The AMD Ryzen 3 3300X and Ryzen 3 3100 (opens in new tab) broke cover two days ago, but the pair of quad-core Ryzen chips are already flexing their Zen 2 muscles on Geekbench.
It took a while for AMD to bring out some budget-oriented Zen 2 offerings; however, the Ryzen 3 3300X and Ryzen 3 3100 don't disappoint. Leveraging TSMC's 7nm FinFET node, the processors sport four cores, eight threads (opens in new tab) and 16MB of cache (opens in new tab). Both CPUs (opens in new tab) are rated for 65W but are specced differently. The Ryzen 3 3300X will cost $120 with a 3.8 GHz base clock (opens in new tab) and 4.3 GHz boost, and the Ryzen 3 3100 will land at $99 with a 3.8 GHz base clock and 3.9 GHz boost clock.
Amid continued pressure from AMD and its Ryzen 3000-series (opens in new tab) (codename Matisse) army, Intel has enabled Hyper-Threading (opens in new tab) for the upcoming Core i3 and Core i5 Comet Lake-S (opens in new tab) CPUs. The Ryzen 3 3300X and Ryzen 3 3100 specifically target the Core i3-10320, Core i3-10300 and Core i3-10100, which share a similar quad-core, eight-thread design and 65W TDP (thermal design power).
While the Ryzen 3 3300X isn't expected until May 21 and the Ryzen 3 3100 on June 16, hardware sleuth @TUM_APISAK (opens in new tab) has dug up Geekbench submissions for both processors.
AMD Ryzen 3 3300X Benchmarks
The Ryzen 3 3300X scored 5,874 points in the single-core test and 20,948 points in the multi-core test on Geekbench 4. The software reported a memory speed of 1,863 MHz, which we suspect should be 3,733 MHz. This means that there was probably some hardcore memory tuning in the background and that the Ryzen 3 3300X was overclocked.
The Intel Core i7-7700K (opens in new tab), which was Intel's last quad-core flagship, scored 5,816 points and 20,329 points in the single-core and multi-core tests, respectively.To be fair, the i7-7700K was paired with DDR4-3200 RAM, while the Ryzen 3 3300X was working with DDR4-3733 memory. Depending on the memory speed, the scale can tip to either side.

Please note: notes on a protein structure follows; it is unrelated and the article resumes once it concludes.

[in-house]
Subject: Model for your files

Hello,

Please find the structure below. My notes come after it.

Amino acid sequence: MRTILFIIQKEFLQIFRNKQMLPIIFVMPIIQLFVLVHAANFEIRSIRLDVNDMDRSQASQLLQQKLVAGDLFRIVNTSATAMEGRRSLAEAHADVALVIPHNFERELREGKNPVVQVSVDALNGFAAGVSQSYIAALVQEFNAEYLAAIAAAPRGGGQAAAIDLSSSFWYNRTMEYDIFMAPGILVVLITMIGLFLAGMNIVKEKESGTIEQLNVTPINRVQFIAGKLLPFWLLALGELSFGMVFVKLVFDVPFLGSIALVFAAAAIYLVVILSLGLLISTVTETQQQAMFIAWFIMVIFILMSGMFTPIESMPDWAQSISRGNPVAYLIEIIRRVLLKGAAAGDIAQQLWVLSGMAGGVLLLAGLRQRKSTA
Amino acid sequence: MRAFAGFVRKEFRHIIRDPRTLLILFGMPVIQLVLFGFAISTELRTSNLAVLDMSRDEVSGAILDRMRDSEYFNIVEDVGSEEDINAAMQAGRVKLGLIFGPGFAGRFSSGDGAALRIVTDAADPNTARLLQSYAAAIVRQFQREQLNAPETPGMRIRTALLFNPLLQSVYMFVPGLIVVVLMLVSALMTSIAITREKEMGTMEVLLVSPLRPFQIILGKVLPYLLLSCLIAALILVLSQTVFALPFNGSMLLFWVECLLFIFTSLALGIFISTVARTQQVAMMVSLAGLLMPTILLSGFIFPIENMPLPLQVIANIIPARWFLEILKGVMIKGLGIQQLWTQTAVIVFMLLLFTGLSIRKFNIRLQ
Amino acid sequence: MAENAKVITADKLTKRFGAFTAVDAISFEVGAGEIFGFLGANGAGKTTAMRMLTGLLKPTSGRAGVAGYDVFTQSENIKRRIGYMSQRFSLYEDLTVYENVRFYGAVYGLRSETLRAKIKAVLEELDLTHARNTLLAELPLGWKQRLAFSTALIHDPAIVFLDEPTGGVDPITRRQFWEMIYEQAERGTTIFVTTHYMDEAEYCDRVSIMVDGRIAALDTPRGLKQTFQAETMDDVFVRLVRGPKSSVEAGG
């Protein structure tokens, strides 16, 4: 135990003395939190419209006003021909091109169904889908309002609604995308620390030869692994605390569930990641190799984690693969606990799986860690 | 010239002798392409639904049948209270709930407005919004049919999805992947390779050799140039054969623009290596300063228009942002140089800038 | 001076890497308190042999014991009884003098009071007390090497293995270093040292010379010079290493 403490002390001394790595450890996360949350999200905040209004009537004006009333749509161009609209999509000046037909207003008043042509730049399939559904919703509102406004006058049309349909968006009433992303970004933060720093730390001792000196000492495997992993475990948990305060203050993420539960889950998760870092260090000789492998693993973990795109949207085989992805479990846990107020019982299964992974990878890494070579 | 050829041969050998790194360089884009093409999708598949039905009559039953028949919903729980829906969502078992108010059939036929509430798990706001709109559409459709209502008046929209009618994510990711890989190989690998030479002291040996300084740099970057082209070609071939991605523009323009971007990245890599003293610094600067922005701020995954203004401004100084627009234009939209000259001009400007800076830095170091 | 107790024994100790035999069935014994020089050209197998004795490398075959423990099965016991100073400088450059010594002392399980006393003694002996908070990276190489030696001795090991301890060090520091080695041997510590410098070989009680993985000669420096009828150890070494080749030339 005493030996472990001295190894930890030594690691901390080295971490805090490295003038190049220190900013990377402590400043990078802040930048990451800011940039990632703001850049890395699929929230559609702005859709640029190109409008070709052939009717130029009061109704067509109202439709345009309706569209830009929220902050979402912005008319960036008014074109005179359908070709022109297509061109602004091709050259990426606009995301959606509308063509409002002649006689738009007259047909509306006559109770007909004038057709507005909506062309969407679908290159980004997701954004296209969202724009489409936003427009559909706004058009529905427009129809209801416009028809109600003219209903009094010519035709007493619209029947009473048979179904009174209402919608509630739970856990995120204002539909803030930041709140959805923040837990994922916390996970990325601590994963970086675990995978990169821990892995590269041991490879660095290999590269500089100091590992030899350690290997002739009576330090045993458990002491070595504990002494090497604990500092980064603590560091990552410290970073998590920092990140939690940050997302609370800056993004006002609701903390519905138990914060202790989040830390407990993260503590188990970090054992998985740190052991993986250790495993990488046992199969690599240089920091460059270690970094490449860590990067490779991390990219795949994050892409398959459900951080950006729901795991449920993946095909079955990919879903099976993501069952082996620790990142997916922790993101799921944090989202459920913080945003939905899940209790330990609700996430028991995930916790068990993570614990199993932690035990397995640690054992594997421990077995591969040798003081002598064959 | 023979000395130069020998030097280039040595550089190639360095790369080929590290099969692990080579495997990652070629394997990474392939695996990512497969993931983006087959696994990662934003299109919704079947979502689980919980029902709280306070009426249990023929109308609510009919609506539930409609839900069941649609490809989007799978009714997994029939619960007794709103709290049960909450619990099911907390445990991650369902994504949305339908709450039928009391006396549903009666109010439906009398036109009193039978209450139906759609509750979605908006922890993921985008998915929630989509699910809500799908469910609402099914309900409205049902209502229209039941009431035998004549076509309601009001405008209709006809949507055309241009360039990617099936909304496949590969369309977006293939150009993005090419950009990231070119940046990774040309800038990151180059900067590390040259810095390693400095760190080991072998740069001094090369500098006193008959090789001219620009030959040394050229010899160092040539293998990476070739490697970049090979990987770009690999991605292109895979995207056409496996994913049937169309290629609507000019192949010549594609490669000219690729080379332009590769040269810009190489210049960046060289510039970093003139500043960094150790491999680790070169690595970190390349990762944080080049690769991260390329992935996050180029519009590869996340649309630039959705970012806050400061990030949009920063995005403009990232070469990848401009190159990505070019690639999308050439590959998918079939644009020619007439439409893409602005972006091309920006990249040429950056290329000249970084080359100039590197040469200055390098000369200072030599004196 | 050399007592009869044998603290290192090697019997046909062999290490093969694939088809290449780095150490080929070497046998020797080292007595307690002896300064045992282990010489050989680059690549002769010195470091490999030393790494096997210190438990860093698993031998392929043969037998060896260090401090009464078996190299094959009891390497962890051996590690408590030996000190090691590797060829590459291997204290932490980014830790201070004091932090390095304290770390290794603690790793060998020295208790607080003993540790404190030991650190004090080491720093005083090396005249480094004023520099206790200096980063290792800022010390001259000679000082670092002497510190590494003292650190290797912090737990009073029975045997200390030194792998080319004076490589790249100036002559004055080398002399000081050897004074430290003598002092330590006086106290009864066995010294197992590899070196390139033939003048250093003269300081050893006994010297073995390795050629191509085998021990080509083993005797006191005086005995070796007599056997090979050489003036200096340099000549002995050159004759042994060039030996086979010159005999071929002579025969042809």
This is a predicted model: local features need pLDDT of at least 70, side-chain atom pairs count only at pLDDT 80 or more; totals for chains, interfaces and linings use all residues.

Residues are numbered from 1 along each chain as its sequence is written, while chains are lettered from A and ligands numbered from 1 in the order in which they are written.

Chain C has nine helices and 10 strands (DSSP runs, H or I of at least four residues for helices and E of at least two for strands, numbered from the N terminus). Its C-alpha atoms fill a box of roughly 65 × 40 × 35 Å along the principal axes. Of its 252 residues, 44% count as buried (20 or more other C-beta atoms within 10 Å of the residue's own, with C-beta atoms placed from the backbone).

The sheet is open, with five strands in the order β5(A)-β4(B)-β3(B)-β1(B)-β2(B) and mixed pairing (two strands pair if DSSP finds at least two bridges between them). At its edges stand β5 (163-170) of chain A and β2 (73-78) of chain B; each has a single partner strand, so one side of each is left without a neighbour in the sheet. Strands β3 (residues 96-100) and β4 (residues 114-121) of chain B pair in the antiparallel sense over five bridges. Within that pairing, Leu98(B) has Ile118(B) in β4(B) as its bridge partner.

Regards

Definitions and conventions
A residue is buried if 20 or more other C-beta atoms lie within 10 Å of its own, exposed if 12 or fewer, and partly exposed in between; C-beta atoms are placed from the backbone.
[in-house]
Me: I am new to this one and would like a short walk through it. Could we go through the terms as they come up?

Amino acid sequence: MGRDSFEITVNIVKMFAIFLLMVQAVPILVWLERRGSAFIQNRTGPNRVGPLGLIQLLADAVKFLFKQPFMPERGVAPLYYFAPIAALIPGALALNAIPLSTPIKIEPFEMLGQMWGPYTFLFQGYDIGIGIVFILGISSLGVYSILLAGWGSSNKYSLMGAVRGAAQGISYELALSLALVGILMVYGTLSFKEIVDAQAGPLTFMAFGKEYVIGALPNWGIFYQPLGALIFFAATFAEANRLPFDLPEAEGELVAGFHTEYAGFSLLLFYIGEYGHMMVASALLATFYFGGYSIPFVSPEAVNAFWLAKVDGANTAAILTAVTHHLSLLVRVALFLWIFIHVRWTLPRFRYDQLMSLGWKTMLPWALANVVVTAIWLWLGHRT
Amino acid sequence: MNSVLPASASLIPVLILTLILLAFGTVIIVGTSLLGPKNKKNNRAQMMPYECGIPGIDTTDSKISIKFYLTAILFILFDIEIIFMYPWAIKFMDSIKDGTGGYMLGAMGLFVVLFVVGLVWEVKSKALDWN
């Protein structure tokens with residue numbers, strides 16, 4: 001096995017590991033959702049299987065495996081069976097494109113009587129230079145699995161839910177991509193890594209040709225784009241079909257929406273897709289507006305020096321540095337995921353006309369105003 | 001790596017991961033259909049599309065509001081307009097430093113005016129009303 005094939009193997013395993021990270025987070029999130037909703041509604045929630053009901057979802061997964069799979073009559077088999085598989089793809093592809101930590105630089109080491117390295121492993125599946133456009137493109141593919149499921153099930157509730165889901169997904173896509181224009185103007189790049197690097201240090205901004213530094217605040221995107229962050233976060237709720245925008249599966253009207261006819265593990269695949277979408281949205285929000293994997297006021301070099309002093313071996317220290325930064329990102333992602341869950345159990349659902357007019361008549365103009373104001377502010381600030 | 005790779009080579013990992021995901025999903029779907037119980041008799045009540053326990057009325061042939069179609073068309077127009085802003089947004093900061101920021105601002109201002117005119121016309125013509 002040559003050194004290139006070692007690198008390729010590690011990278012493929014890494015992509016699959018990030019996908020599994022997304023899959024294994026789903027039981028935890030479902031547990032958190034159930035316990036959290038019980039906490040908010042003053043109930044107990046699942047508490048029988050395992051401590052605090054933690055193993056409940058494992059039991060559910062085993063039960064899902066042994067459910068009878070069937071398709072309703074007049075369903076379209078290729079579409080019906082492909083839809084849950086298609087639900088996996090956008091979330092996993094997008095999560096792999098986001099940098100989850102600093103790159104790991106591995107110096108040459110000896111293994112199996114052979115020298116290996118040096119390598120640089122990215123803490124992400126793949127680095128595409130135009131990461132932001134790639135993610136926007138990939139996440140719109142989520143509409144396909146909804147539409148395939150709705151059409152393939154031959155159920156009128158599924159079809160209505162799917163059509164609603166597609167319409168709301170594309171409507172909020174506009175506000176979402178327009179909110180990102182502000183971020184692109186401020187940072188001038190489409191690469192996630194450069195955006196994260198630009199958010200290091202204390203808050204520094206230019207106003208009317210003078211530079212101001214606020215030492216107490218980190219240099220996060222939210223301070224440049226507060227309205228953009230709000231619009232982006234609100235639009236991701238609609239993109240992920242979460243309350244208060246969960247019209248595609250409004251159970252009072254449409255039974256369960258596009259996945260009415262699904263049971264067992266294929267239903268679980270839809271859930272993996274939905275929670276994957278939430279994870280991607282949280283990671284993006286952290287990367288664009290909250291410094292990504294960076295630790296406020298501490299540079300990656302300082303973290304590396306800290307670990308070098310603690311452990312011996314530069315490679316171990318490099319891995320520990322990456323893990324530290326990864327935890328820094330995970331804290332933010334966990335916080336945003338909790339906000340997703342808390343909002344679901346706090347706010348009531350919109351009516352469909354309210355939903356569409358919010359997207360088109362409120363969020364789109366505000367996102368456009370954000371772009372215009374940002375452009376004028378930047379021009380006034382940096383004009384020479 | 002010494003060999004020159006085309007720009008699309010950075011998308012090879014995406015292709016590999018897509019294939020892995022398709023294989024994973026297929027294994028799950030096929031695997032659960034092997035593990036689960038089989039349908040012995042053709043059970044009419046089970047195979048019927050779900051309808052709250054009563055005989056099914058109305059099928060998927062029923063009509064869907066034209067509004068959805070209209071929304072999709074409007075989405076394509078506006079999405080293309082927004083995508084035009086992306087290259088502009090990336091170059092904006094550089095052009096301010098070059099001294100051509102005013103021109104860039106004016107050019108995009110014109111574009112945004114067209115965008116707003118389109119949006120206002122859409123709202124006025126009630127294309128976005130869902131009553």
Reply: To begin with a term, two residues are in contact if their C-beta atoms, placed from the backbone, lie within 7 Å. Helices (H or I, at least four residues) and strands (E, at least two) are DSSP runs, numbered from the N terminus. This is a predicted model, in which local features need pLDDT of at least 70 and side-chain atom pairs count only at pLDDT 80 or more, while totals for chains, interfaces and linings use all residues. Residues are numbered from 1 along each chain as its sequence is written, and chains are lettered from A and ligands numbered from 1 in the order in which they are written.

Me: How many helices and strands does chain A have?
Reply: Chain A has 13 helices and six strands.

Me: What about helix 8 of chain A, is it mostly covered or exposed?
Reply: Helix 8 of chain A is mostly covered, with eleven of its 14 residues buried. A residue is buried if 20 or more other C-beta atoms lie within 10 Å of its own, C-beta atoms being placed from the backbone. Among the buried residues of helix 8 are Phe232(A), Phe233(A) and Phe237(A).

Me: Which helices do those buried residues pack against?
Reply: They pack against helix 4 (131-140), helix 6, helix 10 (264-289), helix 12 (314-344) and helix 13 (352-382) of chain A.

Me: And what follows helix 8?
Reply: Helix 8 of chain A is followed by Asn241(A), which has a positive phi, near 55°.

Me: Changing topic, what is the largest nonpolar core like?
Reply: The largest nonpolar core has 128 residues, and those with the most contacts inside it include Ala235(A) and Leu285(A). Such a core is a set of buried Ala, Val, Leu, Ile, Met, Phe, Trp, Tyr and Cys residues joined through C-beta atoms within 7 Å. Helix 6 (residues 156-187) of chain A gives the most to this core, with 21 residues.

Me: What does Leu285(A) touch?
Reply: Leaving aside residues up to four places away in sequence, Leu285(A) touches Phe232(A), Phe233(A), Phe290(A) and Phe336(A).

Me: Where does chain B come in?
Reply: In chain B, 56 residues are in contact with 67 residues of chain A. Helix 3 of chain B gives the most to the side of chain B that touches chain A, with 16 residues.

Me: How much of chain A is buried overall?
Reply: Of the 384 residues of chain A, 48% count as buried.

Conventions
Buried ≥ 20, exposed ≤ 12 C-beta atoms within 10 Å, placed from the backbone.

But ultimately, it looks like the Ryzen 3 3300X's performance is on par with the i7-7700K, based on these early benchmark results. However, we'll have to hold off on making final judgments until we get to evaluate the AMD chip ourselves.
AMD Ryzen 3 3100 Benchmarks
The Ryzen 3 3100 showed up in the more recent Geekbench 5 benchmark. The quad-core processor put up single-and multi-core scores of 1,141 points and 4,928 points, respectively. The Core i7-7700K scored 1,284 points and 5,168 points in the single-and multi-core tests, respectively. The Core i7-7700K was up by 12.5% in single-threaded performance and 4.9% in multi-threaded performance.
Based on Geekbench alone, the Ryzen 3 3100 seems to offer performance that nears that of the Core i7-7700K performance at a very attractive price point. But, again, we won't know for sure until we do our own testing.
Although the outlook for selling my 6700K when I get around to upgrading seems to be getting more and more dire :p
Insert Pawn Stars meme here...
(Either way, no one is choosing 4c/8t beyond for austere budget home systems/children's gaming systems...; I'll keep my 7700K as a home theater/surfing system/BF1 system for several more years...; then it will be a TrueNAS rig)
Without knowing the exact settings of both this is just fluff. If the i7 was stock and the Ryzen was overclocked to its max it should in theory beat the i7 since Zen 2 is mostly on par with Core per clock. However most 7700Ks hit near 5GHz pretty easily and until we see most Zen 2 don't go nearly that far.
What's so special about this CPU??
And it's being beaten by a $120 AMD! Am I missing something??